In March, 2015, the Lutheran Church of the Resurrection in Prairie Village, KS., acquired, through a generous donation, a state-of-the-art Rodgers 588 organ—a high tech instrument unique to the Kansas City area.
On Sunday, May 17, 2015, the Church will officially introduce this remarkable Rodgers organ with an Organ Dedication Concert featuring eleven top area artists.
The free concert is open to the public and everyone is invited to hear this organ's superb sounds, rich in color and realism found nowhere else. ESU members and guests are invited to be part of the unveiling of this impressive musical instrument.
When: Sunday, May 17, 2015
Time: Doors open at 1:30 pm; concert at 2:00 pm
Meet the Artists Reception: 3:15-3:45 pm
Where: Lutheran Church of the Resurrection
9100 Mission Road, Prairie Village, KS
Admission: Free, no RSVP required. Open to public. Limited seating; early seating advised
About the Rodgers Organ
The Rodgers 588 organ was donated by two church congregants, John Braum and Wayne Alexander, who realized it was time to replace and upgrade the existing organ which could no longer perform to the needs of the Church.
The organ was installed by a group of six men headed by Neil Weston. Neil is a graduate of the University of London and the Royal Academy of Music, with advanced performance diplomas from the Royal College of Music and the Royal College of Organists.
Prior to moving to the U.S., Weston served as a chorister at Chichester Cathedral, West Sussex, England, and as organist for Chelmsford Cathedral east of London. Craig Smith, the Rodgers representative for the Kansas City area, assisted the installation team.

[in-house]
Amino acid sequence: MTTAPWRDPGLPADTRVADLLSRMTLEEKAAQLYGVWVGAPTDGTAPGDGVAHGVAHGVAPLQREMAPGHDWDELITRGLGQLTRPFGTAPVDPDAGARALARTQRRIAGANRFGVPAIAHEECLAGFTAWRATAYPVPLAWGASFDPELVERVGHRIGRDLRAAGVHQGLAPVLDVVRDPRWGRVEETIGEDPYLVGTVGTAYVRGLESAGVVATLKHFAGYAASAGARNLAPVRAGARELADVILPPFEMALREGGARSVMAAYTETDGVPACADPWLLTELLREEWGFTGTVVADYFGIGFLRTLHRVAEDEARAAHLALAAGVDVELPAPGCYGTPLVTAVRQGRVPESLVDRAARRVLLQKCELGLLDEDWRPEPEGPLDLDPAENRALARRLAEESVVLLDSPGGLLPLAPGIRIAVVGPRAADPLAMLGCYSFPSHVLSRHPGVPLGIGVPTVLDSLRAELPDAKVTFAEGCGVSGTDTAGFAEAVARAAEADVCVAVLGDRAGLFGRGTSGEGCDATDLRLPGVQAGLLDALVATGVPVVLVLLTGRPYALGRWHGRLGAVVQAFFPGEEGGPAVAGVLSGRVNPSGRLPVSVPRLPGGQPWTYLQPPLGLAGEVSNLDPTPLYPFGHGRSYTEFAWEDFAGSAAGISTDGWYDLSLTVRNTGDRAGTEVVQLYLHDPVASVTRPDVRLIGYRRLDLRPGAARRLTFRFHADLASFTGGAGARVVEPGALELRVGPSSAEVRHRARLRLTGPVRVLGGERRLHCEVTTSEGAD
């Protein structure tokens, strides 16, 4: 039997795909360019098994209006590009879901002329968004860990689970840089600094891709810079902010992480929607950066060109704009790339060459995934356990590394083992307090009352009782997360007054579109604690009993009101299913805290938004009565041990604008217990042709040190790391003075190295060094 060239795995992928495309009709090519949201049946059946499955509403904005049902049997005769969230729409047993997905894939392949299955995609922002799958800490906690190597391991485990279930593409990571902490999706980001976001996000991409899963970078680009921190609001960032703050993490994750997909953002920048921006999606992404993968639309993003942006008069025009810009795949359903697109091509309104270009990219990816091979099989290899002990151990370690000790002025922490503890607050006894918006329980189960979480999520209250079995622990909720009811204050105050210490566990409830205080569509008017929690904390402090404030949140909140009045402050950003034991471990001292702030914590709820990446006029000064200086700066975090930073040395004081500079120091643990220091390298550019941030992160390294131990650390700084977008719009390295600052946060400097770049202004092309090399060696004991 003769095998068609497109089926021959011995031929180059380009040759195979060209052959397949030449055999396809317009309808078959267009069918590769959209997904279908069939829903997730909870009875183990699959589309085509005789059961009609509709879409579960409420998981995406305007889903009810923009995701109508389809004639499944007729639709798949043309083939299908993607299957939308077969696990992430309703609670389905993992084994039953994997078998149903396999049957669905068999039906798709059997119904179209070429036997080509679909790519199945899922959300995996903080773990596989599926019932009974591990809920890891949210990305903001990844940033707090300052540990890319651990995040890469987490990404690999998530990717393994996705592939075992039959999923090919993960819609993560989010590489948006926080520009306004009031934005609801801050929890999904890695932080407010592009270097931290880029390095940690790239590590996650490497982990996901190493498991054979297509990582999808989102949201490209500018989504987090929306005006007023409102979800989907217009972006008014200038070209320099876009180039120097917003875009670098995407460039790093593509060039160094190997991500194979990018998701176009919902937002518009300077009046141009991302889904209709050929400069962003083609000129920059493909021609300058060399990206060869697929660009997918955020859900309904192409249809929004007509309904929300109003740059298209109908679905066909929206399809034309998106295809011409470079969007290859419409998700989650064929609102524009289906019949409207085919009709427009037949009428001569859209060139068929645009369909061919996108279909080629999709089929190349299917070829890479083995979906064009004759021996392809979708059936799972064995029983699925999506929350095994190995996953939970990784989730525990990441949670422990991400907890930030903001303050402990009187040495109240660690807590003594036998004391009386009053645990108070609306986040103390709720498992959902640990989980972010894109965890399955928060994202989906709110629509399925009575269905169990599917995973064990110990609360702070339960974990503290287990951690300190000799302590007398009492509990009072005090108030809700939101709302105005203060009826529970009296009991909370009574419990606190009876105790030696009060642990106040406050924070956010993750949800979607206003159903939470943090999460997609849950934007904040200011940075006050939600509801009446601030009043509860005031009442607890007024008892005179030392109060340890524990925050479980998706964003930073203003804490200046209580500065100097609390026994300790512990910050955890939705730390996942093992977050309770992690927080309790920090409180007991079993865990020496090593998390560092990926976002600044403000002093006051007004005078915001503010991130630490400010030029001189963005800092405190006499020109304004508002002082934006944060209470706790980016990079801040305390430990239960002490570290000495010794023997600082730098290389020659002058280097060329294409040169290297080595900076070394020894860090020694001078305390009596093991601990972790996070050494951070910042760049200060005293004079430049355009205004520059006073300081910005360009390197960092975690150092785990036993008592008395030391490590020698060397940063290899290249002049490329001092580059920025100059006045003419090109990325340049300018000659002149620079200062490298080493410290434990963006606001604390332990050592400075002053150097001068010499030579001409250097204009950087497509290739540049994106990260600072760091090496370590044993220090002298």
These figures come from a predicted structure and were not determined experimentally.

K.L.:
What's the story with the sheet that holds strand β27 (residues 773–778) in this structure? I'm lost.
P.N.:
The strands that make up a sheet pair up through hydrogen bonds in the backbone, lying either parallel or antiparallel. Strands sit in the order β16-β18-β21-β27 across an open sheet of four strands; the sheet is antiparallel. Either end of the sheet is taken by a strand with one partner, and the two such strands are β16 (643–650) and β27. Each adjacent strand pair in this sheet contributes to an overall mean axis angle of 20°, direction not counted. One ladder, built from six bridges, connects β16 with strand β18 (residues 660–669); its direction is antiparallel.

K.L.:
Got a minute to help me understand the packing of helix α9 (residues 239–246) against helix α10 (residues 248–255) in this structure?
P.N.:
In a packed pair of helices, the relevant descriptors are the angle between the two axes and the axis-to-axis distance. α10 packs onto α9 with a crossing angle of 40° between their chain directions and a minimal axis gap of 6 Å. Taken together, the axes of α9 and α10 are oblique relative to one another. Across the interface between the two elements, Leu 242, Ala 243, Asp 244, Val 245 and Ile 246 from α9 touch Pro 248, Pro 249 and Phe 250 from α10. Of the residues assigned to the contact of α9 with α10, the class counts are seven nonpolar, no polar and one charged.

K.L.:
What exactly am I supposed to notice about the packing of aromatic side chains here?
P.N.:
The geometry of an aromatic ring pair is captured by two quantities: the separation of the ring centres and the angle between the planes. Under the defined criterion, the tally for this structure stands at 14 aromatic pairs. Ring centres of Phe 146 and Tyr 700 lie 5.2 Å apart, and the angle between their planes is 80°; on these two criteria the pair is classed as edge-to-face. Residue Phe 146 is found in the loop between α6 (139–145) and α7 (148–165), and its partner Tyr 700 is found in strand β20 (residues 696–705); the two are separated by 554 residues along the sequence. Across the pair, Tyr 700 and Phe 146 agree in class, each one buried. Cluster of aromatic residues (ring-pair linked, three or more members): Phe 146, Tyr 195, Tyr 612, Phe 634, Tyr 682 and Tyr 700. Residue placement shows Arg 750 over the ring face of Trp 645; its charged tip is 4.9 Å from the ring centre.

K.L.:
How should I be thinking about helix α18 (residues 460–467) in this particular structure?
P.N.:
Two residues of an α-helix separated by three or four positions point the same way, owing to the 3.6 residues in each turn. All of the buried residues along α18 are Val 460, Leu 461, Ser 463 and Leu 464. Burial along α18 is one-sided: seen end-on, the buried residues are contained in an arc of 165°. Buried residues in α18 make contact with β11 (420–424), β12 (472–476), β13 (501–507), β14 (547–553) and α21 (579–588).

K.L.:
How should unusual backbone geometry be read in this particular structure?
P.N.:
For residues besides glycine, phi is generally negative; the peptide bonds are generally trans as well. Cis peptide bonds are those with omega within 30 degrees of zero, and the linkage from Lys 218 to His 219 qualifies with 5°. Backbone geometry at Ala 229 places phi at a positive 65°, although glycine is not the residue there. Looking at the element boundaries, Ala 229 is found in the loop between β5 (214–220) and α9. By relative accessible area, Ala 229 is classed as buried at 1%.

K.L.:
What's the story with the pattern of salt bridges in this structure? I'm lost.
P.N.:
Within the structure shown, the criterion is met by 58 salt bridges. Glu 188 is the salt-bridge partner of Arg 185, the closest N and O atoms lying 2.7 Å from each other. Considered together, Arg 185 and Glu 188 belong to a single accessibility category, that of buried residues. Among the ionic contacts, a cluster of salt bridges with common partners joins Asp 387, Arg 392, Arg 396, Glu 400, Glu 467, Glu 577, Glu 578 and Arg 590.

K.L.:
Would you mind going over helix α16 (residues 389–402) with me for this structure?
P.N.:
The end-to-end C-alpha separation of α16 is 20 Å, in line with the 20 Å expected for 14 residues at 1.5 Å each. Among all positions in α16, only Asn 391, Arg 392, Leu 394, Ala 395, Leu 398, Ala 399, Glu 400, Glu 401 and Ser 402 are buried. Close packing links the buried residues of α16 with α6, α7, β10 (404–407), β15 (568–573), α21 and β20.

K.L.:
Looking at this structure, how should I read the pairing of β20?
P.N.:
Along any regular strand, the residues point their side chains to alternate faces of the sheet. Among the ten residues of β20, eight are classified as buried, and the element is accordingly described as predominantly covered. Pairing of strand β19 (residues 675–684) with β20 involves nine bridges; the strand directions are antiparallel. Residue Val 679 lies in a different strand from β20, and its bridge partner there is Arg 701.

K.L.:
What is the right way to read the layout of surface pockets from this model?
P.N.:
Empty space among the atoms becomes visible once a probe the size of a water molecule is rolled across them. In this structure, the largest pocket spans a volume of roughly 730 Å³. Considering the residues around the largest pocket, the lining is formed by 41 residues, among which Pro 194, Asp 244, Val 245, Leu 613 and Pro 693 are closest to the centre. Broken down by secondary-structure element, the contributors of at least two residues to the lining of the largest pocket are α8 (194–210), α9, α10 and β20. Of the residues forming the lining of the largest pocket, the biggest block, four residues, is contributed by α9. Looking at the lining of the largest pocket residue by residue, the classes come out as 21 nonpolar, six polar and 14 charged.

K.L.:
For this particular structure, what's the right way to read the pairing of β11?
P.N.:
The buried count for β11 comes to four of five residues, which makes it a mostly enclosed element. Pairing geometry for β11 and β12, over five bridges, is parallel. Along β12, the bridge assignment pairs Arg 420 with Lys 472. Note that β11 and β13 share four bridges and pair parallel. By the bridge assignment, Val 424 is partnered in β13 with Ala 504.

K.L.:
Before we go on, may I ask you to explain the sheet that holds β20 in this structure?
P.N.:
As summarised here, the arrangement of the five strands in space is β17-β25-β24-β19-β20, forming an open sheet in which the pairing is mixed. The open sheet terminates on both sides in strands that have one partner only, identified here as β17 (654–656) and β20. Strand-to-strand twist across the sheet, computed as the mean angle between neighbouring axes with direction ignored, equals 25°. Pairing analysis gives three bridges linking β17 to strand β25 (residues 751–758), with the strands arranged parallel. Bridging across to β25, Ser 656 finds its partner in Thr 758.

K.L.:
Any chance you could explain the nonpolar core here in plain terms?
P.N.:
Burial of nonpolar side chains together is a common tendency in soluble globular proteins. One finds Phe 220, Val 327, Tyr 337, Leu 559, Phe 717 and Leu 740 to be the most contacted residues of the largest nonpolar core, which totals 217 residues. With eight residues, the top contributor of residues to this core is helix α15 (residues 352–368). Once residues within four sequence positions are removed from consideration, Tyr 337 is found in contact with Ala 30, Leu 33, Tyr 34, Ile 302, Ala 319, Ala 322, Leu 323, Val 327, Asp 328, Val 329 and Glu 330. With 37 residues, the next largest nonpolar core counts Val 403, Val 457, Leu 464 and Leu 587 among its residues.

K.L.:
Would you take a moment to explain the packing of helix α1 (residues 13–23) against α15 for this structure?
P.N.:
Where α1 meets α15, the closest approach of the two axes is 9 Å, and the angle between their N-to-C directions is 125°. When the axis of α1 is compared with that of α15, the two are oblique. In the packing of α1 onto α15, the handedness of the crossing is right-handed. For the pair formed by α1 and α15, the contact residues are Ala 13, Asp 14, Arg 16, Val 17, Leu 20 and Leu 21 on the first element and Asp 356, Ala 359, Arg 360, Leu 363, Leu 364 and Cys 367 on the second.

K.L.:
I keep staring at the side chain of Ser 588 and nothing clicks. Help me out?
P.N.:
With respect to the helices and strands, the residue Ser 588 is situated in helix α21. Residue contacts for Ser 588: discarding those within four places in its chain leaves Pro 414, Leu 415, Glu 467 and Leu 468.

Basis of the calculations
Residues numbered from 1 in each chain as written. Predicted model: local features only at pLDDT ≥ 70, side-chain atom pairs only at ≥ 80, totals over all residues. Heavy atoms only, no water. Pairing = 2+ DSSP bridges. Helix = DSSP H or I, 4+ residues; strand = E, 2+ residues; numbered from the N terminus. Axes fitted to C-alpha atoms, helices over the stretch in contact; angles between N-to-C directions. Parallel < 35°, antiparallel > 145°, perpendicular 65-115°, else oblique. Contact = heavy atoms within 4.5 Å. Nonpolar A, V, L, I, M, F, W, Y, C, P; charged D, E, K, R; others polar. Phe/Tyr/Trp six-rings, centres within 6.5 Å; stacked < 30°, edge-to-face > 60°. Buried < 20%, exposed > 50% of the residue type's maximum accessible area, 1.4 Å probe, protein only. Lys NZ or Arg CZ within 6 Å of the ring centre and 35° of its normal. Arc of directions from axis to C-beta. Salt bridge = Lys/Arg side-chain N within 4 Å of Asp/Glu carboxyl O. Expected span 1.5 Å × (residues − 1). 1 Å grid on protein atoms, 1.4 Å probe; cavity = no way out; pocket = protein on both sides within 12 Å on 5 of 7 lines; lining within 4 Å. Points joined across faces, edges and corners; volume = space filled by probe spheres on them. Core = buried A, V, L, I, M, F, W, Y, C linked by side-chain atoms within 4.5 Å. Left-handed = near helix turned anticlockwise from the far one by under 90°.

The Rodgers organ has three manuals each arrayed with 61 keys, 32 pedal boards and 52 lighted stops each with four positions.
According to the manufacturer’s representatives, there is no other organ in the Kansas City area with high tech features such as this Rodgers model. Weston stated, “This organ is equipped with parallel digital imaging capabilities above and beyond most of the organs in the area.”
Weston and his team from Rodgers Organs of Hillsboro, Oregon, spent many hours “voicing” the instrument for the ultimate in tonal flexibility.
It was calibrated to give an “English cathedral sound” but with a touch of certain stops, it can also digitally replicate actual sounds of German baroque, French romantic and American classic organs as well.
To learn more about Rodgers organs and hear some examples of the instrument’s distinctive voices, Click here: http://ow.ly/LFSdm
Read about the eleven top area artists performing at this Organ Dedication Concert below: